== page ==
State health officials have linked a hepatitis A outbreak in Kentucky to an increase in cases of the infectious liver disease in Southern Indiana.
Since January Indiana has seen 40 cases of hepatitis A, twice the number seen in a typical year in the state. In the past month alone, 17 cases of hepatitis A have been confirmed, 11 of those in Clark and Floyd counties.
The Louisville area also has seen a dramatic rise in hepatitis A cases in recent months, with more than 115 cases since November 2017.
A viral infection of the liver, hepatitis A is passed through the dreaded fecal-oral route. Typically individuals contract the disease by consuming food prepared or served by someone who is infected. Hepatitis A also can be picked up through sex with an infected person or by touching objects with small amounts of fecal matter left by an infected person, as well as by sharing drugs.
Four states, including Kentucky, are experiencing hepatitis A outbreaks.
In Indiana, many of the cases diagnosed have been among inmates in the Clark County jail. Cases also have been found in an elementary school in Clark County and a Bob Evans restaurant in New Albany, state health officials said in a statement Monday.
Often infected food service workers spread hepatitis A.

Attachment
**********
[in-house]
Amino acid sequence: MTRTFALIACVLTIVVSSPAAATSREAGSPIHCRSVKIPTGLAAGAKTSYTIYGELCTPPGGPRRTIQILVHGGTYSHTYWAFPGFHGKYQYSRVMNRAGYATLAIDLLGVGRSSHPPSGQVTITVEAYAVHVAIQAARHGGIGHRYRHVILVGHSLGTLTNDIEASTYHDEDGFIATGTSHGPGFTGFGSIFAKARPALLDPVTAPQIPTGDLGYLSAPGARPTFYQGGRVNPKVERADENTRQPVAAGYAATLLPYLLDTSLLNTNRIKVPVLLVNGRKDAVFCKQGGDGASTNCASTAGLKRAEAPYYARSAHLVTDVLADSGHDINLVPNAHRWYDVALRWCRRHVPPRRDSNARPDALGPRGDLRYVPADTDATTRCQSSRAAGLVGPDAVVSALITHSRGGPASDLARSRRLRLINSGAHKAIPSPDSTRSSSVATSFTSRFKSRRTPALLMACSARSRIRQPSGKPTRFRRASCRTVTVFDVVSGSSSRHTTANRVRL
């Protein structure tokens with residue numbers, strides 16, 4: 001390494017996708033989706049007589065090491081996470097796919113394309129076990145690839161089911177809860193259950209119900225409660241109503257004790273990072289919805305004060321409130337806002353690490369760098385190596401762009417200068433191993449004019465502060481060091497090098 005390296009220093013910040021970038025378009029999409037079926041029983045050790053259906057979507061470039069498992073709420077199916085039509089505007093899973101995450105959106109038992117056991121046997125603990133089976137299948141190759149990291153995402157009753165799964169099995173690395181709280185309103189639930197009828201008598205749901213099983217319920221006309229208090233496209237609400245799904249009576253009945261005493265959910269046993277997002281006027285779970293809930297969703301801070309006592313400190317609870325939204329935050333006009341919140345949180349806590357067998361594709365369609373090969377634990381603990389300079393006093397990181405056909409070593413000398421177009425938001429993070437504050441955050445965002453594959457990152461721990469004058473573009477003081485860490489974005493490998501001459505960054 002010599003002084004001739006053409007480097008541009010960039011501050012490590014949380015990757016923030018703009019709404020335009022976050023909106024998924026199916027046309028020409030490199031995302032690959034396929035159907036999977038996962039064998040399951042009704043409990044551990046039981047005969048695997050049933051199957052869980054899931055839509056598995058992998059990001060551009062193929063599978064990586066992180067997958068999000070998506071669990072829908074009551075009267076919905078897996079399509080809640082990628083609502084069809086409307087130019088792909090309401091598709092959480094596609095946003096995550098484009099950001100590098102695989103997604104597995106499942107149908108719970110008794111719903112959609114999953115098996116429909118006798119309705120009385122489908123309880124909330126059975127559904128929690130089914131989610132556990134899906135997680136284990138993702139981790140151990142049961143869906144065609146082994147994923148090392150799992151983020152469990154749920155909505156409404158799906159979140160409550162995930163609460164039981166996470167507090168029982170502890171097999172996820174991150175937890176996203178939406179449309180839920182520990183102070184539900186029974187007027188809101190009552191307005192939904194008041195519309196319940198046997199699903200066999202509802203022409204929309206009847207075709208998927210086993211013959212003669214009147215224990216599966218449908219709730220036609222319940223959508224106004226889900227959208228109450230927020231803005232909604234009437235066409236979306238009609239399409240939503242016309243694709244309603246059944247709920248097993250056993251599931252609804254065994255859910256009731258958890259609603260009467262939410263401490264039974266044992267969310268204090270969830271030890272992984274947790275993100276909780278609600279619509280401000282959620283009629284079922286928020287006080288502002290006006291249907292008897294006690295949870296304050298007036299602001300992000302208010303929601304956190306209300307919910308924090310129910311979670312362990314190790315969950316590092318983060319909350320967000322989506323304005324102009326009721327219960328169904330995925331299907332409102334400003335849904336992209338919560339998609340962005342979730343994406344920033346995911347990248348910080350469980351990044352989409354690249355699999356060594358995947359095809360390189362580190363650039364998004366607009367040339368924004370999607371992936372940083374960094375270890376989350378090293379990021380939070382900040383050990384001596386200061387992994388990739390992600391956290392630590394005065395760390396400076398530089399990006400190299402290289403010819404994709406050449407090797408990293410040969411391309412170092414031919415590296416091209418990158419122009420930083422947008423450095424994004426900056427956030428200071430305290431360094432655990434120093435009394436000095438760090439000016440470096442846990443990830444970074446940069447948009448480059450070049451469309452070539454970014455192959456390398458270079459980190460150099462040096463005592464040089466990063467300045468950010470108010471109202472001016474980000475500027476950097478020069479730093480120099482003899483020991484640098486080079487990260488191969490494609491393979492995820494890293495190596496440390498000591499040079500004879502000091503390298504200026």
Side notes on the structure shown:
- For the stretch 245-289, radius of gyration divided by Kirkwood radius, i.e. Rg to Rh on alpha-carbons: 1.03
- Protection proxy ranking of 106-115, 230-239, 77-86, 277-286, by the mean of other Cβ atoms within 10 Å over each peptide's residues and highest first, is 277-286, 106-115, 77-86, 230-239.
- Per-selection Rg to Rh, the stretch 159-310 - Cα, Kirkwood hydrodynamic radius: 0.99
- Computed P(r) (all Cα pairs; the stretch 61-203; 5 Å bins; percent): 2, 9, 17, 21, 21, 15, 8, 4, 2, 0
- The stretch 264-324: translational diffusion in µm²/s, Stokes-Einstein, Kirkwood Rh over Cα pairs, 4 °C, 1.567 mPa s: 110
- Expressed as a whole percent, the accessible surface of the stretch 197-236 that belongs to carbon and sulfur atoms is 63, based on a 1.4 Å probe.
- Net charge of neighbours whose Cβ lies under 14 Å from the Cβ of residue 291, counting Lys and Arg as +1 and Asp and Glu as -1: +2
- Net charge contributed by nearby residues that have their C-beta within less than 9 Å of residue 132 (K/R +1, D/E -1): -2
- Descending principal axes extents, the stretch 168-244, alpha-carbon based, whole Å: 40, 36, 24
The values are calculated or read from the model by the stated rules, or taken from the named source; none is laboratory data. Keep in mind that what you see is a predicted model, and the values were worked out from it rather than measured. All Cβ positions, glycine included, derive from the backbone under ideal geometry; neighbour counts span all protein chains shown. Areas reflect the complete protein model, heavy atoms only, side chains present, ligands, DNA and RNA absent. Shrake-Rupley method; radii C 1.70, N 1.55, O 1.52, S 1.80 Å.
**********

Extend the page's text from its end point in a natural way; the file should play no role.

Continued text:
“Hepatitis A is a highly contagious virus, and seeing this many cases in such a short time frame is concerning,” said State Health Commissioner Kris Box in a news release. “We are working closely with our local partners to identify individuals who may have been exposed and to halt the transmission of disease.”
Unlike other types of hepatitis, a vaccine exists against hepatitis A. Since the advent of the vaccine, the United States has seen a 90 percent decrease in the number of cases, according to the Centers for Disease Control and Prevention.
Schoolchildren in Indiana have been required to be vaccinated since 2014, so those in third grade and younger are likely to have been vaccinated.
More than 5,700 people have been vaccinated in Louisville since the start of that city’s outbreak.
While a person infected with hepatitis A may not experience any symptoms, others may have nausea, jaundice, fever, fatigue, loss of appetite, stomach distress, dark urine and grey stools. Symptoms can last for several weeks, but unlike other types of hepatitis do not typically cause lasting damage to the liver.
Infection can occur anywhere from 11 to 50 days after a person has been exposed to the virus.